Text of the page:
Instead of the EXT.-INT.-dialogue schematic that is the standard industry screenplay, Herzog writes these strange mishmashes of fiction, NF prose, and poetry, “fever dreams,” he has called them. They’re rough, sometimes sloppy, but always very compelling, readable, and works of art in their own right. You can read his scenario for Aguirre, the Wrath of God (1972) and forget that you’re reading something that is meant to be something else. It’s a different experience than reading a novel after watching the film adaptation, more complex than “This is different than the film, this is different, this is different….” The reader has the sense that the authorial intelligence, despite all the plot, setting, and character differences – some minor, some major – is exactly the same. Another thing we can see from reading these texts – and I would include The Twilight World in this conversation as I would every single one of Herzog’s films – is that Herzog, like every director or novelist who is an artist (or “poet” as Herzog calls himself) and not a hack, is engaged in exploring the same existential (in both senses of the word) question: What does it mean to be human? In fact, let’s not mince words. Despite some late-career, mostly failed experiments with female-led plots (Queen of the Desert (2015), Salt and Fire (2016)) he is interested in what it means to be a man, and sometimes, like in his collaborations with the unstable and unpredictable Klaus Kinski (Aguirre, Nosferatu the Vampyre (1979), Woyzeck (1979), Fitzcarraldo (1982), Cobra Verde (1987)), what it means to be a toxic male.
Although Hiroda Onoda doesn’t carry any of the toxicity of many of Kinski’s roles – misogynist, racist, sense of entitlement, viciousness – he does have what nearly all of Herzog’s characters have, the compulsion to strive against the odds, to labor even under absurd circumstances, to behave as a real-world Sisyphus, struggling absurdly, endlessly pushing his boulder up a hill. There is a bit of Camus in The Twilight World – the character who behaves in a way that most of us wouldn’t, but in itself is entirely human and understandable. But there is also some Sartre here. In reading The Twilight World, I frequently thought about Nausea’s Roquentin who is repulsed by the exposed roots of the chestnut tree. Despite this disgust, though, Onoda, like Conrad’s Marlow, recognizes that “the horror” of the jungle is also the horror of man (pronoun intentional as it is men who instigate and participate in both colonialism and war). This ambivalence and acceptance can be seen throughout the novel. After failing to either destroy the pier or the airstrip Onoda, along with the one soldier he can find to accompany him, shoulder their packs and guns and disappear into the jungle. Onoda is also carrying his family’s 17th-century samurai sword as if to point out the absurdity of this action. Carrying swords in a world where one’s enemy drops atomic bombs is about as sensible as one man defending an island against an invading army.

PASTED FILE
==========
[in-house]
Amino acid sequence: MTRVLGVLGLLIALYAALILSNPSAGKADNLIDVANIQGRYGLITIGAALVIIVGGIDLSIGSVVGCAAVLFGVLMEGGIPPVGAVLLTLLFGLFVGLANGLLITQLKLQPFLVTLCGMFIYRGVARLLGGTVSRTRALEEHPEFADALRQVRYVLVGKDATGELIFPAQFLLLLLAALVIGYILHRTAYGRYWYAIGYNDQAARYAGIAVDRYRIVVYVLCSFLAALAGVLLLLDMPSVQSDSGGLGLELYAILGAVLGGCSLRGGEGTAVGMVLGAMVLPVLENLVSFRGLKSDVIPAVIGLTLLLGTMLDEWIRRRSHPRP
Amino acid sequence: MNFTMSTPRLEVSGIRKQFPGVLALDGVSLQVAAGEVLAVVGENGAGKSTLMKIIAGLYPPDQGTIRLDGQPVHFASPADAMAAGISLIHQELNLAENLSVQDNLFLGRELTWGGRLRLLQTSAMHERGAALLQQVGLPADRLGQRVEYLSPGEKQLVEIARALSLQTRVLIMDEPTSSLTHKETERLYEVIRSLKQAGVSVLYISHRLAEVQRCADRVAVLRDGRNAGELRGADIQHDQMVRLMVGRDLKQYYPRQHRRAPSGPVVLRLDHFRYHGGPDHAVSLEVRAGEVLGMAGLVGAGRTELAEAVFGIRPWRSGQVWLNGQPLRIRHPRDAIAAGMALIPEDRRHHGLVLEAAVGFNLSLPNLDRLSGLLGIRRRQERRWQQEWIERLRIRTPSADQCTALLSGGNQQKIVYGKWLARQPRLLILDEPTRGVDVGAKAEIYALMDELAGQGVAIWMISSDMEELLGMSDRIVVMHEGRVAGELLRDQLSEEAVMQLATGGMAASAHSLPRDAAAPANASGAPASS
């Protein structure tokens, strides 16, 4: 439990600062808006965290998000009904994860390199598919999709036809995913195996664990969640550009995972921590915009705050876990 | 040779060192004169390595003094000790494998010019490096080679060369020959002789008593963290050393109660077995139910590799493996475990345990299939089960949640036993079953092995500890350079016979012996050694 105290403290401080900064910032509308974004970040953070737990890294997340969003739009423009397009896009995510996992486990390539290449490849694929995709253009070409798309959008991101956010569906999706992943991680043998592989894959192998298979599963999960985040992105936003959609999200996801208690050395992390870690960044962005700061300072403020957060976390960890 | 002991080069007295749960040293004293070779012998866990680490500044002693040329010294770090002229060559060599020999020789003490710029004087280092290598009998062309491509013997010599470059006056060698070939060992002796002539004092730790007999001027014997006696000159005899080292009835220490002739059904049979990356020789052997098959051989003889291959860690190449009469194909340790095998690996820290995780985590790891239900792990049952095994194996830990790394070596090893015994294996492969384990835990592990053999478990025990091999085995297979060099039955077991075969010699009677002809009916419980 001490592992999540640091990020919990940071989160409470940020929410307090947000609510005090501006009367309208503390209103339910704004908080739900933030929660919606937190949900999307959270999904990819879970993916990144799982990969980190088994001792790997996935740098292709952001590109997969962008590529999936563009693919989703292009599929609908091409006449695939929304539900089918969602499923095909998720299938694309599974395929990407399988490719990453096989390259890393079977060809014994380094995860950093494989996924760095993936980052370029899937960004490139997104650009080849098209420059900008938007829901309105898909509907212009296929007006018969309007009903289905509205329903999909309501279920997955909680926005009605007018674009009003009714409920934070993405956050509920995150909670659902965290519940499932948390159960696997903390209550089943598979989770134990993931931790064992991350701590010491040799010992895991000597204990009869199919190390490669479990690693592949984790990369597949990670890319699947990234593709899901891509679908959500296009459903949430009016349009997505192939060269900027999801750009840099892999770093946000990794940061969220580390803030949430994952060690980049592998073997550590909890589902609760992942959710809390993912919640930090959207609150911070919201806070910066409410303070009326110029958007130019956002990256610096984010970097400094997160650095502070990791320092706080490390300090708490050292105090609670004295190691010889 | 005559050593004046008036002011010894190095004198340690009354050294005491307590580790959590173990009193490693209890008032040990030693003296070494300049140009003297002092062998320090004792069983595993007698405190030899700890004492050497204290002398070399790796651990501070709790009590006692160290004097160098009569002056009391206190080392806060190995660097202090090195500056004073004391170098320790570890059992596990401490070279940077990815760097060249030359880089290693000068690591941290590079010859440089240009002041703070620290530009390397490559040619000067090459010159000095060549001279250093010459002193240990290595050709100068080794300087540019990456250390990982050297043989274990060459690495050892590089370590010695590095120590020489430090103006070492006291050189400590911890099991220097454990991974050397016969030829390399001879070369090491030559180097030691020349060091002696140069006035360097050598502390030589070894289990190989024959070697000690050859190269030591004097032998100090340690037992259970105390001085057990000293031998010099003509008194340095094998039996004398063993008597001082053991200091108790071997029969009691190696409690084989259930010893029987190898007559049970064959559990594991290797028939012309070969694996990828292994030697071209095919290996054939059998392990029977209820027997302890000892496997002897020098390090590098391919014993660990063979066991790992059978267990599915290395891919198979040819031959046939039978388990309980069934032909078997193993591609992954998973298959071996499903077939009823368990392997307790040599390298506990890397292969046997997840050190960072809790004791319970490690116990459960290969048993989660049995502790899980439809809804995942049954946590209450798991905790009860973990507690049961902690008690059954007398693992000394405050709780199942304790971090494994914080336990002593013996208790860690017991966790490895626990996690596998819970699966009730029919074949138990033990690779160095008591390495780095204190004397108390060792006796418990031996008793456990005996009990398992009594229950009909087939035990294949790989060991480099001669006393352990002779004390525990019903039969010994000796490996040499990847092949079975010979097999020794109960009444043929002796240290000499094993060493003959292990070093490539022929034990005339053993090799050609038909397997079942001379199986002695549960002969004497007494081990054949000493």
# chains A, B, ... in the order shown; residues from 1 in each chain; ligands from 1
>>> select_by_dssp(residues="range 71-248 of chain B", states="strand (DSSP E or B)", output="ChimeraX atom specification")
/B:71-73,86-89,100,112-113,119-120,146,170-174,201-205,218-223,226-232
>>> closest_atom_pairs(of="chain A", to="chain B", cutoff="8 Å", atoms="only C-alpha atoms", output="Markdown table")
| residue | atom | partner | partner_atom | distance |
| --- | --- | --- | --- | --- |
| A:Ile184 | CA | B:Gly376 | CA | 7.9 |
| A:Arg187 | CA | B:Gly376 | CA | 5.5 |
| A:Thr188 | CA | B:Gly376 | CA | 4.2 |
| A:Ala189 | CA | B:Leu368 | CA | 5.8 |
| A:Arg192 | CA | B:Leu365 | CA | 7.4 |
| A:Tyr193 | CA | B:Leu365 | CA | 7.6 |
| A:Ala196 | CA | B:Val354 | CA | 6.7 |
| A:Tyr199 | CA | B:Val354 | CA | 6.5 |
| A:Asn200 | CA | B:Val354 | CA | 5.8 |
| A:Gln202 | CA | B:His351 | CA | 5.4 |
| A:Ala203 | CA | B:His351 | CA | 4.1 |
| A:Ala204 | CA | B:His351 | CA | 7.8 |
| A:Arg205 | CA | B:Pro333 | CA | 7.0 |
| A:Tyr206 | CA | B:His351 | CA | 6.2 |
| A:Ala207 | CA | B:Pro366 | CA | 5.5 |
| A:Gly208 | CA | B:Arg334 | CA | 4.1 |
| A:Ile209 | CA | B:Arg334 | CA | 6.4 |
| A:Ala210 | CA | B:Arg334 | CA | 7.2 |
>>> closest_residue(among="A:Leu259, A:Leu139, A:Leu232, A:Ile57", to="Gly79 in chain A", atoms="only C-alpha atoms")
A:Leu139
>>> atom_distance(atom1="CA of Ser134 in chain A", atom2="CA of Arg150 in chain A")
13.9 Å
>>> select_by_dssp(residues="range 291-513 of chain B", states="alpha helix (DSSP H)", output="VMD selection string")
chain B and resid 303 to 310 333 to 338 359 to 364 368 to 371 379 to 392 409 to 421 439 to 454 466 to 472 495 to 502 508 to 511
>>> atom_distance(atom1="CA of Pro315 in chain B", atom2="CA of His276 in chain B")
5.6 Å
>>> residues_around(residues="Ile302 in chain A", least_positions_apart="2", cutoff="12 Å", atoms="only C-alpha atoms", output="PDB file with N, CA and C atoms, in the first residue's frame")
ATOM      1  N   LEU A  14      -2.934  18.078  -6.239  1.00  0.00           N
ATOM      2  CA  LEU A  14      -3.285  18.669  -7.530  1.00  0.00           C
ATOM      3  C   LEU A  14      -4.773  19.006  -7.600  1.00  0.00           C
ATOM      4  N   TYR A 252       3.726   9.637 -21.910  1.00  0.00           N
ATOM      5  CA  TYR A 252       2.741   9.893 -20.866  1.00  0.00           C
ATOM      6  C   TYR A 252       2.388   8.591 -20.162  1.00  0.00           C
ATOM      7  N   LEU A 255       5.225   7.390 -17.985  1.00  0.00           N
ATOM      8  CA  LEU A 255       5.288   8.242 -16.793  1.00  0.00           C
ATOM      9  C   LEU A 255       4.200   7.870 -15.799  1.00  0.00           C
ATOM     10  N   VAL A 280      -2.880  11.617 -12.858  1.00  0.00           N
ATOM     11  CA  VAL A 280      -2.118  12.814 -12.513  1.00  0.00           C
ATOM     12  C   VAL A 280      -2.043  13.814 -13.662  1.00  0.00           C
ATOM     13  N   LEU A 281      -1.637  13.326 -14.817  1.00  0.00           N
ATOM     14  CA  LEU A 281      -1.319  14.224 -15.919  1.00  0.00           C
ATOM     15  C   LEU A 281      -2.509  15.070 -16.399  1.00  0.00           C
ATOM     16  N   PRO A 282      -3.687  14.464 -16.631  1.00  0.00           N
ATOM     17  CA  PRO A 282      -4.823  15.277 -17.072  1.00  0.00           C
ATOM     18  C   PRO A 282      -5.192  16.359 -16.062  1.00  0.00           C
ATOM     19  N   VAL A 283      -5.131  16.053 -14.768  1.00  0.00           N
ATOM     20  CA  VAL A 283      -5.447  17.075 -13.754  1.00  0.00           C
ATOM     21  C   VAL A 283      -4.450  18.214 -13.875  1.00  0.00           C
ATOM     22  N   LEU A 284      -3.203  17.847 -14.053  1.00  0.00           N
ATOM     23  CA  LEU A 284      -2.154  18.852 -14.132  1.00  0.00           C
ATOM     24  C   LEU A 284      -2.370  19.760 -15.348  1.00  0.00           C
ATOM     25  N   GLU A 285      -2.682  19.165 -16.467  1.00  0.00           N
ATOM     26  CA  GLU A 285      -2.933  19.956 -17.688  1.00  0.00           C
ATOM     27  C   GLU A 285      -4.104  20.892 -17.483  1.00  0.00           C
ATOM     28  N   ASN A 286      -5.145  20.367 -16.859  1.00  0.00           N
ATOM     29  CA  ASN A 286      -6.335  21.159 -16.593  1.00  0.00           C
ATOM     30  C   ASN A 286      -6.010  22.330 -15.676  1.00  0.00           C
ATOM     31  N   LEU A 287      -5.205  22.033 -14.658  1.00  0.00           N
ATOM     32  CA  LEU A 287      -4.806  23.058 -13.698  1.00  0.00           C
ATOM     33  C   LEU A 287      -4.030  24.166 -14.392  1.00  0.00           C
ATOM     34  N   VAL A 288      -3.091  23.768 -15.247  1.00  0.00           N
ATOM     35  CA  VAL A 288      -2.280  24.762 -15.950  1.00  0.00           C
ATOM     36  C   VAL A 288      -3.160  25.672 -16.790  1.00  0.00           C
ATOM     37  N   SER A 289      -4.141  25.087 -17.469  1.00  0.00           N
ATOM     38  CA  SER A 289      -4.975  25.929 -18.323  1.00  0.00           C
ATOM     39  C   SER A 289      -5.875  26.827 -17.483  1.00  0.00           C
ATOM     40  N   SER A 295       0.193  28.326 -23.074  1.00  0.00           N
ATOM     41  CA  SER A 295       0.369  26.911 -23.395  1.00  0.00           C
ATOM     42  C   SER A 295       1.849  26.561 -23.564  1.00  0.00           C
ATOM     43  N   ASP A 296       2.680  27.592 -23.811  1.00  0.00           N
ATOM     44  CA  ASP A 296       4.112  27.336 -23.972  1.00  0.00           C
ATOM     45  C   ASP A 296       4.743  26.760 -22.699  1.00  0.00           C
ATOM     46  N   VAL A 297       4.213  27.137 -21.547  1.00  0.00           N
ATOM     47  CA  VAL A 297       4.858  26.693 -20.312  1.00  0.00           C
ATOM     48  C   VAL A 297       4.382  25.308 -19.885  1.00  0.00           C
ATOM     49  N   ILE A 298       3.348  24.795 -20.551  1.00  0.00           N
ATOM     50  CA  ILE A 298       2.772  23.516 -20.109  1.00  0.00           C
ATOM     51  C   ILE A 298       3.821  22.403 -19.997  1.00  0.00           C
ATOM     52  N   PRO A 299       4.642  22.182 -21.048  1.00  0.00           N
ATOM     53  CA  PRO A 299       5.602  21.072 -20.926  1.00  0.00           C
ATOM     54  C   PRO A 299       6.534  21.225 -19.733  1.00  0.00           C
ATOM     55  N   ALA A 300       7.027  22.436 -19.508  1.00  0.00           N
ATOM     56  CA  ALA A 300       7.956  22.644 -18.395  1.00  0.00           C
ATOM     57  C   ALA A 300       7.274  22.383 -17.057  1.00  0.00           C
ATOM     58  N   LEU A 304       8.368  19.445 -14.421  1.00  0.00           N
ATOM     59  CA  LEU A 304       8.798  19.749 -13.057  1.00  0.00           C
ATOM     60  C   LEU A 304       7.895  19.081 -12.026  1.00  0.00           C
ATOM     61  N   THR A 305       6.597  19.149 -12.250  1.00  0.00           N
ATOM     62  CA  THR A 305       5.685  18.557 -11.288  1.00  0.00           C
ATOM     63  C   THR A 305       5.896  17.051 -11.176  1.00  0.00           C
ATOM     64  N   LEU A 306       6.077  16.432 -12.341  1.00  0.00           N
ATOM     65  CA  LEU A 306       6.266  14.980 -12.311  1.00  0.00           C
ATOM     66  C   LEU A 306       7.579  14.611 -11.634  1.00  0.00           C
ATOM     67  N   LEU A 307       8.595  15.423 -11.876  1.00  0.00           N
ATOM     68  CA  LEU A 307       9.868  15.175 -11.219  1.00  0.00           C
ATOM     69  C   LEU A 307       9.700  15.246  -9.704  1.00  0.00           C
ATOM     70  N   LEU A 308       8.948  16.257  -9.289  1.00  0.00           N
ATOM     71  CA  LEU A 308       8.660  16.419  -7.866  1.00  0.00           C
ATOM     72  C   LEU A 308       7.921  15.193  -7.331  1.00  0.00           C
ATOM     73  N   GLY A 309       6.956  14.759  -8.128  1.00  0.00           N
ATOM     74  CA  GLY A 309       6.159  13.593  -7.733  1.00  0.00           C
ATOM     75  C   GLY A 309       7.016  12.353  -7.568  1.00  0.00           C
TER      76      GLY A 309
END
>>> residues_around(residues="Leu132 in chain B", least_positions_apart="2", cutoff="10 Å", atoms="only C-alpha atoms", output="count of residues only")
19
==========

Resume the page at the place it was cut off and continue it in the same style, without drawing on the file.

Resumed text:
There are moments of intense beauty in this slim novel like, for instance, the transitional chapter which takes us from that opening chapter in which Herzog rejects his guests’ offer to meet the emperor and the third in which Onoda confronts Suzuki at his little tent. Herzog describes the jungle foliage as if he, Herzog, were there, describes it with Conradian respect, Sartrean horror:
The night coils in fever dreams. No sooner awake than with an awful shudder, the landscape reveals itself as a durable daytime version of the same nightmare, crackling and flickering like loosely connected neon tubes. From daybreak the jungle has twitched in the ritual tortures of electricity. Rain. The storm is so distant that its thunder is not yet audible. A dream? Is it a dream? A wide path, on either side dense underbrush, rotting mulch on the ground, the leaves dripping. The jungle remains stiff, patient, humble, until the office of the rain has been celebrated (3).